• put it together in a mathematical model and how we figure it out so it can be used for

  • all sorts of psychiatry medicine. And in the audience were all these psychiatrists there

  • and I went through my own pathologies if you will and near clinical syndromes and my genetics

  • and my brain scan. And at the end the head of the department there said, "You don't even

  • know this I bet but you're bipolar first of all because you don't have the kind of bipolar

  • in the United States that they use, one of the kinds." So this is interesting.

  • He said, "I want to talk to you afterwards." So I met with these psychiatrists afterwards.

  • They said you're probably borderline psychopath too looking at all this. Well this was kind

  • of a real surprise. It's the first time I took it seriously because I -- not only the

  • biological evidence but these people didn't even know me. They were just looking at the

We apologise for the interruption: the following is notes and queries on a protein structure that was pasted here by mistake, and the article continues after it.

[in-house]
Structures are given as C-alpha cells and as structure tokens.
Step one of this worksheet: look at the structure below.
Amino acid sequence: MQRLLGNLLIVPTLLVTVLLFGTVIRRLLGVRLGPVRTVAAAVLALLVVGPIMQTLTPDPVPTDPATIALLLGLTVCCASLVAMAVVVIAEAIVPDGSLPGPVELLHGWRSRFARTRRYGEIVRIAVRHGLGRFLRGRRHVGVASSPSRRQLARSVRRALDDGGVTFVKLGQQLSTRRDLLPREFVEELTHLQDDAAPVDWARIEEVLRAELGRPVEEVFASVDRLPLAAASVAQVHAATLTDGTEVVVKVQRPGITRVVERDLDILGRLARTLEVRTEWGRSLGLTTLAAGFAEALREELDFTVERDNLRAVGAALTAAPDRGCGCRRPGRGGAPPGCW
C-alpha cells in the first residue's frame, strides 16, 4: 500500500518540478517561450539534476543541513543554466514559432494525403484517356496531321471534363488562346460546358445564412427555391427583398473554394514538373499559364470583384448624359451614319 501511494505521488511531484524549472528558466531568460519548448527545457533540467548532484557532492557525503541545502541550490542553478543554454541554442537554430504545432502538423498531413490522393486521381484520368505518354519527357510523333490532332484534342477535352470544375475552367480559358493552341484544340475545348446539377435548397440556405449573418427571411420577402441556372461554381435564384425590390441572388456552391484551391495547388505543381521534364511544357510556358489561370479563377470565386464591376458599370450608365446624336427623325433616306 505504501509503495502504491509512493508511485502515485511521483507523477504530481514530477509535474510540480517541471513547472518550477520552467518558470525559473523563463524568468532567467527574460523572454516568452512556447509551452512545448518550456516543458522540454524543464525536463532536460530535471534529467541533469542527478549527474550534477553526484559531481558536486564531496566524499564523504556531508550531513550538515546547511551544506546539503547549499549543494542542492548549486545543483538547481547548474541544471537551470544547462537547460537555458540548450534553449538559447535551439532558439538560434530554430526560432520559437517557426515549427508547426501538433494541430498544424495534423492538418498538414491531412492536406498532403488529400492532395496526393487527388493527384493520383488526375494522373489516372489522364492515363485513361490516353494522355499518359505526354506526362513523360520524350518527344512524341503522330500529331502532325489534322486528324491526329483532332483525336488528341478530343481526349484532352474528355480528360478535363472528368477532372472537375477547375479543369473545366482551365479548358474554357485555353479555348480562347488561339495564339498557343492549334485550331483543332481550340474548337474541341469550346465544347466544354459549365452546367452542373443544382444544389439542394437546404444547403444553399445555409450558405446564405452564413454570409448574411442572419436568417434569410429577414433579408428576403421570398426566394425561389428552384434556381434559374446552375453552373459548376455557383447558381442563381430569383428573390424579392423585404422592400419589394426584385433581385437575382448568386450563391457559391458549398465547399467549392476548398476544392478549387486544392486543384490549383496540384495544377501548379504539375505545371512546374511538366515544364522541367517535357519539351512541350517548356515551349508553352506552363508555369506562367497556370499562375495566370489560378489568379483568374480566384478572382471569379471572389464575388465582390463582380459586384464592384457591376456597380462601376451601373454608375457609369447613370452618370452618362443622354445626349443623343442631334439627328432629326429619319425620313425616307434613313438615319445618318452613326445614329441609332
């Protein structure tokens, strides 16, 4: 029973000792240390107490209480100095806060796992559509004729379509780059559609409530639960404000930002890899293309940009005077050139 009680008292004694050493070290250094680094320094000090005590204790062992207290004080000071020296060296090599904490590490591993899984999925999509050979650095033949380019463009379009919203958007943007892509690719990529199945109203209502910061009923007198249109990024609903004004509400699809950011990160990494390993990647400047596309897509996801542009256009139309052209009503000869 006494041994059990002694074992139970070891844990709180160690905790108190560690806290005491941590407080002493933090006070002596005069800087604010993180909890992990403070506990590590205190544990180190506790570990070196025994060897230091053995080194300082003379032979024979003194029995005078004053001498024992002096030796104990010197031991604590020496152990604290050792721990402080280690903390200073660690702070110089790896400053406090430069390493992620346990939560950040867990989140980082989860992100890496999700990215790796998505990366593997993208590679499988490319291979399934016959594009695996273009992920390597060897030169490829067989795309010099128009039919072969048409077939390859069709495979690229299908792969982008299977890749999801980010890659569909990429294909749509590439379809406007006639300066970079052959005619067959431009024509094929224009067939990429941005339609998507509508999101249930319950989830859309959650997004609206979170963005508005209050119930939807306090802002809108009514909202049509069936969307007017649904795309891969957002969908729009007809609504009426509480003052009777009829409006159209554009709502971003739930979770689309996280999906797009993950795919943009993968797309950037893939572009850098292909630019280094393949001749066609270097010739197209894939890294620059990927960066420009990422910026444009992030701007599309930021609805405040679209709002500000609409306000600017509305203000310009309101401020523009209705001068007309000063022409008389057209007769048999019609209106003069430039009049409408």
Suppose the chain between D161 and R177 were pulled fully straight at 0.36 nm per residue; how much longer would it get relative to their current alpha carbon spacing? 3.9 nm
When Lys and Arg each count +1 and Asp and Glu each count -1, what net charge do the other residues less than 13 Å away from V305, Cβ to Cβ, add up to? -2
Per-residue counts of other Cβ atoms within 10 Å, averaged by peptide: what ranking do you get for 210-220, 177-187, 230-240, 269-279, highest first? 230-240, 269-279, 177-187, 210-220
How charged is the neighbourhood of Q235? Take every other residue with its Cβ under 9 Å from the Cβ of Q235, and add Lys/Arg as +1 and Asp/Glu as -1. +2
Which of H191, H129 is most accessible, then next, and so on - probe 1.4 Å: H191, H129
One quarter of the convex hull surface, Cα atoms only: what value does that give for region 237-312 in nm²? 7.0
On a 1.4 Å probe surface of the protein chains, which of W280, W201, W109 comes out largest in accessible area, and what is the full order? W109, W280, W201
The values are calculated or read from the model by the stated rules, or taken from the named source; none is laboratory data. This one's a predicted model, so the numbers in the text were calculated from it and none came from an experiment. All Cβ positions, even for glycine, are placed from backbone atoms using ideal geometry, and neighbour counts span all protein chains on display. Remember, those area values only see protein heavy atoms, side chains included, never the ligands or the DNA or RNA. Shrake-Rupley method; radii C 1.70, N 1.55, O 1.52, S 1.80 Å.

• data, you know. And they could see my behaviors and in talking to me for a couple of hours

  • after that talk at somebody's house they said you probably do. So when I flew back to the

  • United States what I did was I started asking the psychiatrist, the neurologist that I knew

  • really well for many years and who know my behaviors including my not so nice behaviors.

  • And I said, "You've got to tell me what you really think of me." And each one of them

  • had said, "Well, you know, we've told you for many years you're, you know, you do psychopathic

  • things. You're probably a borderline psychopath."

  • I said, "No, no, no. You said I was crazy." They said, "Well we never said you were crazy.

  • You're not crazy. But you're like a borderline psychopath." Then I asked all my close friends,

  • my wife, the people in my family and they all had the same thing to say. And at that